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The Gold Accumulator

Rev. P.F. Jernegan
In late 1896, Rev. Prescott Ford Jernegan, pastor of a Baptist church in Middletown, Connecticut, approached the jeweler Arthur Ryan with a novel proposition. Jernegan claimed to have invented a method of cheaply extracting gold from sea water. He said that the technique had been revealed to him in a heavenly vision. He offered to let Ryan test his invention and, if suitably impressed, join him in establishing a company to profit from the discovery.

Jernegan called his device the Gold Accumulator. It consisted of a wooden box with holes cut through it to allow the free passage of water. Inside the box was a pan of mercury mixed with a secret ingredient. An electric current ran into the mercury via a wire attached to a small battery. The entire contraption was supposed to be lowered into the water and left overnight. The electrified mercury mixture would then suck precious metals out of the water. When raised in the morning, there would be gold.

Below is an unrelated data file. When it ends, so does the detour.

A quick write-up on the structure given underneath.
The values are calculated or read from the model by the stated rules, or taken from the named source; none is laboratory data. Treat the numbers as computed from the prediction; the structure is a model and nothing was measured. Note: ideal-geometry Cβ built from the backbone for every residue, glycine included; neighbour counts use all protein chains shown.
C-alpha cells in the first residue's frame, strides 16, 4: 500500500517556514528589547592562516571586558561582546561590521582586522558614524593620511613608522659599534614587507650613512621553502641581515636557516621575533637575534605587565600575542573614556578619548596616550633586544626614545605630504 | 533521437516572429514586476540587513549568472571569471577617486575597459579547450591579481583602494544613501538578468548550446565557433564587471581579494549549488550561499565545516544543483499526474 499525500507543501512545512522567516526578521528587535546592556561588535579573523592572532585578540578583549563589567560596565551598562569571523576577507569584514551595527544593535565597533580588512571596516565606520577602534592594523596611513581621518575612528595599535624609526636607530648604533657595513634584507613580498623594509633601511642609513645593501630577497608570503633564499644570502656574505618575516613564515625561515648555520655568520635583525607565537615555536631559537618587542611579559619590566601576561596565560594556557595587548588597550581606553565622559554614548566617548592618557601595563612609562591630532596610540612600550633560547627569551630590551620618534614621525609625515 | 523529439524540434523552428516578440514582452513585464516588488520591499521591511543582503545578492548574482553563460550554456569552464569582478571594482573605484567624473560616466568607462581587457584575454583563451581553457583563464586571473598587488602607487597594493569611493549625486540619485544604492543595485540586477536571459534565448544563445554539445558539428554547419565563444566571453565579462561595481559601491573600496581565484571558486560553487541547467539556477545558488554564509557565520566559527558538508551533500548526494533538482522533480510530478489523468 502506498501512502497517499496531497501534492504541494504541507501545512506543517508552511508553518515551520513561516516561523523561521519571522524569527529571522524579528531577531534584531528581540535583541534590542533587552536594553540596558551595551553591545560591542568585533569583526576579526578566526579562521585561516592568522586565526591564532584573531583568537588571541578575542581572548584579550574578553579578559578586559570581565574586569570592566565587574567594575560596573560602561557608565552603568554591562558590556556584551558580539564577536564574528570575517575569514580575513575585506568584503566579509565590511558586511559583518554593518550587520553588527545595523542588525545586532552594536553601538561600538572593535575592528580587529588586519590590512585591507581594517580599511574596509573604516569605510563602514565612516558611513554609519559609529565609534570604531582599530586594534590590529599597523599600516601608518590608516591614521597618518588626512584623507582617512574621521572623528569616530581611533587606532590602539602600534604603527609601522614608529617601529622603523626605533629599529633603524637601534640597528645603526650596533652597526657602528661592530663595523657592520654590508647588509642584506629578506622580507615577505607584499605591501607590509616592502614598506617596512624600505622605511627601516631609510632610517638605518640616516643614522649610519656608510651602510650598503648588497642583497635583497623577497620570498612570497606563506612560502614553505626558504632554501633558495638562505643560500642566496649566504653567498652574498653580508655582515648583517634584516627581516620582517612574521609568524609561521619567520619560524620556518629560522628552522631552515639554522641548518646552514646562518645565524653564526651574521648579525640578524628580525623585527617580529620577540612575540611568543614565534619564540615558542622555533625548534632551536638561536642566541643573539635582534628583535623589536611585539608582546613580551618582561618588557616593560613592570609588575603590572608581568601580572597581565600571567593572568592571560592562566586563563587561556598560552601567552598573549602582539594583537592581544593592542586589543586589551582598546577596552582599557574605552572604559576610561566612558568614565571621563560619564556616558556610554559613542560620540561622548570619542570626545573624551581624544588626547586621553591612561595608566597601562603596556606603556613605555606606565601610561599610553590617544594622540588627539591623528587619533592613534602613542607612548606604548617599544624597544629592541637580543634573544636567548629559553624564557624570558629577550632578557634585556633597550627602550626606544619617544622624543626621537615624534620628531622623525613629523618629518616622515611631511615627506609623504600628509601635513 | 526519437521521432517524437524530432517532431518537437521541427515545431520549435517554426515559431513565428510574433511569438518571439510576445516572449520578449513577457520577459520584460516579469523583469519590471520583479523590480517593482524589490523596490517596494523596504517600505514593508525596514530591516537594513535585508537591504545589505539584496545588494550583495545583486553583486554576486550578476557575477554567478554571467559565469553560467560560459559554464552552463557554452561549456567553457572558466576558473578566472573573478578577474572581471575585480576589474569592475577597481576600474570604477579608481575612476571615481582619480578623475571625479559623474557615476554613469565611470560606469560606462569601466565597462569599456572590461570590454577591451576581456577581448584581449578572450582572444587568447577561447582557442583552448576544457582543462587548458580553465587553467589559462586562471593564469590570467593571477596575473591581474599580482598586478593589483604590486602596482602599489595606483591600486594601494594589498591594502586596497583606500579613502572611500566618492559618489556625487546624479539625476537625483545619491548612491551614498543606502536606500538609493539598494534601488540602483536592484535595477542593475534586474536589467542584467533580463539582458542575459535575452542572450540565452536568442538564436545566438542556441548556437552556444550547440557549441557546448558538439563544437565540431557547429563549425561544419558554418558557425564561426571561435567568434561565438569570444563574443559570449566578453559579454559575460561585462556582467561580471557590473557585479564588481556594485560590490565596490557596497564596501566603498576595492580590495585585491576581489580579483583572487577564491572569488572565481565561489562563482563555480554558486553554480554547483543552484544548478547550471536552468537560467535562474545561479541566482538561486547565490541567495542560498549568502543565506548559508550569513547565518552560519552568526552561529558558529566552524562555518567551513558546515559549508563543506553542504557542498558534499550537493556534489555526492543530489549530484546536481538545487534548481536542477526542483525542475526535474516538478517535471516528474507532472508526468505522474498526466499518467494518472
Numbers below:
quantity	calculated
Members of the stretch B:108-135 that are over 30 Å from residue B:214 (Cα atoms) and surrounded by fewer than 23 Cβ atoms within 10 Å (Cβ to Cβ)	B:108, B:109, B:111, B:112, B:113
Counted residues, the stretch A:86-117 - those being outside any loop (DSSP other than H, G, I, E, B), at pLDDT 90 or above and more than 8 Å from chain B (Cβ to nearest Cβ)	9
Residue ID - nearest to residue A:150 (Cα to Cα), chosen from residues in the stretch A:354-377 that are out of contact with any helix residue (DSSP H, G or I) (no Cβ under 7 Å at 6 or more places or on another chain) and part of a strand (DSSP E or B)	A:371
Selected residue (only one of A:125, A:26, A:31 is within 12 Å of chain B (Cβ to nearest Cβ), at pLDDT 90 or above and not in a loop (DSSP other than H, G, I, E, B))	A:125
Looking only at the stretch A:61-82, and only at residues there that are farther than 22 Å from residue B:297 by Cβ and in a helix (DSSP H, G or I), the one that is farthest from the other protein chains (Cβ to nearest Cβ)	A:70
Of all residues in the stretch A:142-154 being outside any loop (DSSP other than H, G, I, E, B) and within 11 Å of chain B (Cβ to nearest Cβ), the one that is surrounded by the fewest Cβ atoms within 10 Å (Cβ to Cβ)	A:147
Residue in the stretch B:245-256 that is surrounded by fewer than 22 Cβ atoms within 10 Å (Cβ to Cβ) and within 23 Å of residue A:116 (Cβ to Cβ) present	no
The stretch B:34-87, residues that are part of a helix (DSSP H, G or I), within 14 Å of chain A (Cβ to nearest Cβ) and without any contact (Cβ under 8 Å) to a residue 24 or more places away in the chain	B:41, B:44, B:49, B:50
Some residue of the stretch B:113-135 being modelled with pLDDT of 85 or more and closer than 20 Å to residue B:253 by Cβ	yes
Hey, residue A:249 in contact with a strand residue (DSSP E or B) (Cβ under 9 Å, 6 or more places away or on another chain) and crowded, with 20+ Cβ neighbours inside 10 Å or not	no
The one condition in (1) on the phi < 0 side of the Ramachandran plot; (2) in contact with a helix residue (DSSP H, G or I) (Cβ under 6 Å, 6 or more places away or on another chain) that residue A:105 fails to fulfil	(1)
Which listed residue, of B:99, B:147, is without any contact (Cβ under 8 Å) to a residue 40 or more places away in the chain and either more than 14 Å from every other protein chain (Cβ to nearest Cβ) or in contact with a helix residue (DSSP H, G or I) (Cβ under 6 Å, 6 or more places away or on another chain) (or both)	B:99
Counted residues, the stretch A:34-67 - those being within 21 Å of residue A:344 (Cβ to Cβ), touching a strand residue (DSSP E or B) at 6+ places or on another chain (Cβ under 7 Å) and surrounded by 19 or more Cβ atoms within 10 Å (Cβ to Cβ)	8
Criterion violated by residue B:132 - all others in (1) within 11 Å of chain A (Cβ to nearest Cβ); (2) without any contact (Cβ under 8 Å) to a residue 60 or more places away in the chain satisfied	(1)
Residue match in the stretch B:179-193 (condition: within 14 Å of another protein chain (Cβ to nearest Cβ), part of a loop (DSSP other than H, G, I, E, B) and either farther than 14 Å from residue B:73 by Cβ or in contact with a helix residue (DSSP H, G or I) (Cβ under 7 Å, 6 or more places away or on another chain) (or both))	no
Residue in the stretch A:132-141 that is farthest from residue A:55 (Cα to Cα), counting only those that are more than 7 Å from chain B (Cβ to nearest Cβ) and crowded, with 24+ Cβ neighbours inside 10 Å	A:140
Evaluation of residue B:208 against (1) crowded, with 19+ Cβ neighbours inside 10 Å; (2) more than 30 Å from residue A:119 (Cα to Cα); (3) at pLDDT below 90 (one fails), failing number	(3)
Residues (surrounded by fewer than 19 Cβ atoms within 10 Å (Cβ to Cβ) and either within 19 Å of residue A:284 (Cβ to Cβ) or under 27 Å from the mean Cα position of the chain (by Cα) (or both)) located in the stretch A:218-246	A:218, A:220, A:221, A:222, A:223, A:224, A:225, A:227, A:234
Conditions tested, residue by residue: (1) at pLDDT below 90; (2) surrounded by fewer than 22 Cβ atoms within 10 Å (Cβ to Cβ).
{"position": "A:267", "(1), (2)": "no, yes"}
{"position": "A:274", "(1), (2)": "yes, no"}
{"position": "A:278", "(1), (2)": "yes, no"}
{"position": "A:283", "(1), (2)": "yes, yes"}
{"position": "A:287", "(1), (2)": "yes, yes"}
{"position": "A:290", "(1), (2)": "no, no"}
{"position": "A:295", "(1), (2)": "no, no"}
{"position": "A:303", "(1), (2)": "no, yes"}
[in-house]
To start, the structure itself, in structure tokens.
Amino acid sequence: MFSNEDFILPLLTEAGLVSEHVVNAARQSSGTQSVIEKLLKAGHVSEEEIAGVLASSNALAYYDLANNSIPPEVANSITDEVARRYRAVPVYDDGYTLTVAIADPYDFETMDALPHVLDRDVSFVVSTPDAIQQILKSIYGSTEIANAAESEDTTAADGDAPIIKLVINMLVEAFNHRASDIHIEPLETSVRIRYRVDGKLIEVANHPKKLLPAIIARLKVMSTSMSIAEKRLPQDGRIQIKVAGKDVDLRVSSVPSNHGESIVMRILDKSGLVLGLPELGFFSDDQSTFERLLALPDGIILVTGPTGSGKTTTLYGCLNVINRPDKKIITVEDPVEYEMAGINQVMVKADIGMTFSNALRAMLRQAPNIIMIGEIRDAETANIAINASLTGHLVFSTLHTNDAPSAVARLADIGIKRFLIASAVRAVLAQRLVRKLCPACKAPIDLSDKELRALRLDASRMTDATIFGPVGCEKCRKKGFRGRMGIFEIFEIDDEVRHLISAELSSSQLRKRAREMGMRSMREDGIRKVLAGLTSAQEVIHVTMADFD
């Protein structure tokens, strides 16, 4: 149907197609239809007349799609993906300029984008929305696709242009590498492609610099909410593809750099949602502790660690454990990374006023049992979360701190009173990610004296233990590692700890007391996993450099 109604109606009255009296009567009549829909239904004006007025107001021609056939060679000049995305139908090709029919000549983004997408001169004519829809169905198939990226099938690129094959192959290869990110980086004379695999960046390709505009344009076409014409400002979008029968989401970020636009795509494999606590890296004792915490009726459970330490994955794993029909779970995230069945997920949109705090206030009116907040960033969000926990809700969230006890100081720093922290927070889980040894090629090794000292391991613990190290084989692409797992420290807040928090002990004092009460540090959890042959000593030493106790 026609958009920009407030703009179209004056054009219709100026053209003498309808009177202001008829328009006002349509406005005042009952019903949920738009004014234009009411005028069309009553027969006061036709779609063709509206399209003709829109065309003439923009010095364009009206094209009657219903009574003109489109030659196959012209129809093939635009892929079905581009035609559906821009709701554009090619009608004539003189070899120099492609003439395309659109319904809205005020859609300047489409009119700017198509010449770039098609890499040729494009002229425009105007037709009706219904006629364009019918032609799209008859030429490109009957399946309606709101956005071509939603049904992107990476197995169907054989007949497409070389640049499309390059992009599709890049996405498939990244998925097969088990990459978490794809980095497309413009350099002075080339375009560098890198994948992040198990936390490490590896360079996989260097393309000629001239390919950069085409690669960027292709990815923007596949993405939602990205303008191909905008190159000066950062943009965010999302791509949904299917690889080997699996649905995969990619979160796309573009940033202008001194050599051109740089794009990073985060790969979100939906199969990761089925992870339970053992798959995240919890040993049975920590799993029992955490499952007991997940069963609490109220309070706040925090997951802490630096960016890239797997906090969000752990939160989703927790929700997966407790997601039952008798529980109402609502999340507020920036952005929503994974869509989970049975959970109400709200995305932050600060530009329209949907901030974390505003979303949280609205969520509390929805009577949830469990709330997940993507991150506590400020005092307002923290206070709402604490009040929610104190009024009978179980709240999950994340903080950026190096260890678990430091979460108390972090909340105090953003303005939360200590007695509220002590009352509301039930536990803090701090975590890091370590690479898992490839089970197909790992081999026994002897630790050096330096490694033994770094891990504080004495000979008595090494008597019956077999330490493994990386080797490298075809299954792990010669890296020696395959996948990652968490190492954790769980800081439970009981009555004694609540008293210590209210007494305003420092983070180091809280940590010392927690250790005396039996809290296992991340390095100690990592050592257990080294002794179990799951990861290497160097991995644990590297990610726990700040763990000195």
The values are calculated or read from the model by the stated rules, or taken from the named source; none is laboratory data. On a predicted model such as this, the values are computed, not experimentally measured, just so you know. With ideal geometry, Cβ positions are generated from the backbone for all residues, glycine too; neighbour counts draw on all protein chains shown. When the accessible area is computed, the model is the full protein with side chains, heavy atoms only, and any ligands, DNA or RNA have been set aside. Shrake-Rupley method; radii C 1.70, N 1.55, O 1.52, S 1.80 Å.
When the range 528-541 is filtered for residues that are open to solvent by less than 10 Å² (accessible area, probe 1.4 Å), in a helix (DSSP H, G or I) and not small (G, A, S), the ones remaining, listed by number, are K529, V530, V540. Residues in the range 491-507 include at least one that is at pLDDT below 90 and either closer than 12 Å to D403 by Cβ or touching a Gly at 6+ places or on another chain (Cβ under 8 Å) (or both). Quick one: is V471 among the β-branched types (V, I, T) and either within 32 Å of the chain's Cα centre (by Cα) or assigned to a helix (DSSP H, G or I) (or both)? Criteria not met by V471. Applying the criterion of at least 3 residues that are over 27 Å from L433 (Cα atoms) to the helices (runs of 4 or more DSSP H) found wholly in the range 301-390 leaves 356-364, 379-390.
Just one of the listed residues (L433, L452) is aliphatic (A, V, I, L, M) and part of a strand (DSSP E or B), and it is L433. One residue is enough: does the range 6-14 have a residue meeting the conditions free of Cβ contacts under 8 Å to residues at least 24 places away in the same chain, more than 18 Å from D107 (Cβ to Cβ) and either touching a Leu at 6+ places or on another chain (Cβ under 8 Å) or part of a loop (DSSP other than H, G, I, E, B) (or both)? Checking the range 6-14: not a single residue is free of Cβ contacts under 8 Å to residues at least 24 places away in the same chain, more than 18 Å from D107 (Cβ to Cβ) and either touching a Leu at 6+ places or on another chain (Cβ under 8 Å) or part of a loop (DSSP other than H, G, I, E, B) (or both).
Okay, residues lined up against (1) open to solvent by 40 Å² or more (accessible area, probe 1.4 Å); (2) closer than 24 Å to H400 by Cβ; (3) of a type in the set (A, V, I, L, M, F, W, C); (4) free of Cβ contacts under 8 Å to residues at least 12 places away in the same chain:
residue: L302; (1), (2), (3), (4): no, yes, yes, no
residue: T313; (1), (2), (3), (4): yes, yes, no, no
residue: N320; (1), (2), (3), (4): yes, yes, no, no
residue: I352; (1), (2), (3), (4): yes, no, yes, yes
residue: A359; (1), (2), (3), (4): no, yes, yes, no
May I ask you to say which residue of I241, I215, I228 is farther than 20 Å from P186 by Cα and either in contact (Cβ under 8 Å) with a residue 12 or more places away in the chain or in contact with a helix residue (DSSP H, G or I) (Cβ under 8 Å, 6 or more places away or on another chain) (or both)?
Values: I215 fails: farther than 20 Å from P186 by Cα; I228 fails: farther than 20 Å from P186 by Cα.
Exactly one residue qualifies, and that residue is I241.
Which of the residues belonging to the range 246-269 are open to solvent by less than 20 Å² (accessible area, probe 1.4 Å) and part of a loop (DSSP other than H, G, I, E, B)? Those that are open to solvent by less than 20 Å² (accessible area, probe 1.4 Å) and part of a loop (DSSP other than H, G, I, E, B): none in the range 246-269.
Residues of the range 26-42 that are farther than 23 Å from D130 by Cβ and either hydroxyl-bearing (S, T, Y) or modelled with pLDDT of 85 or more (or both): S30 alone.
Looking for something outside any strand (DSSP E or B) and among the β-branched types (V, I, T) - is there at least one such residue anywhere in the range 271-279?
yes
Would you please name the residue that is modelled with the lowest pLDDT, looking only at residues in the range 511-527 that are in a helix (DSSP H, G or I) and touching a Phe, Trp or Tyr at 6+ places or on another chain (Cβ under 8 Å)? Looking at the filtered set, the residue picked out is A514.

Ryan agreed to test the invention. To guarantee no trickery, Jernegan declared that he wouldn't even be present during the test. He simply gave Ryan the device and told him how to use it.

Gold in Sea Water
The presence of gold in sea water had been discovered by the British chemist Edward Sonstadt in 1872. He estimated there was approximately one grain of gold in every ton of water. This was later confirmed by the Australian chemist Archibald Liversidge who further estimated there was $48,000,000,000,000 worth of gold in the oceans.

These facts were widely known by 1896, but it was believed that the expense of extracting gold from sea water made the oceans an unprofitable source of the metal. However, it seemed plausible that Jernegan might have found a solution to this problem.


image credit: striving to a goal

The Electrolytic Marine Salts Company

Original plant of the Electrolytic Marine Salts Company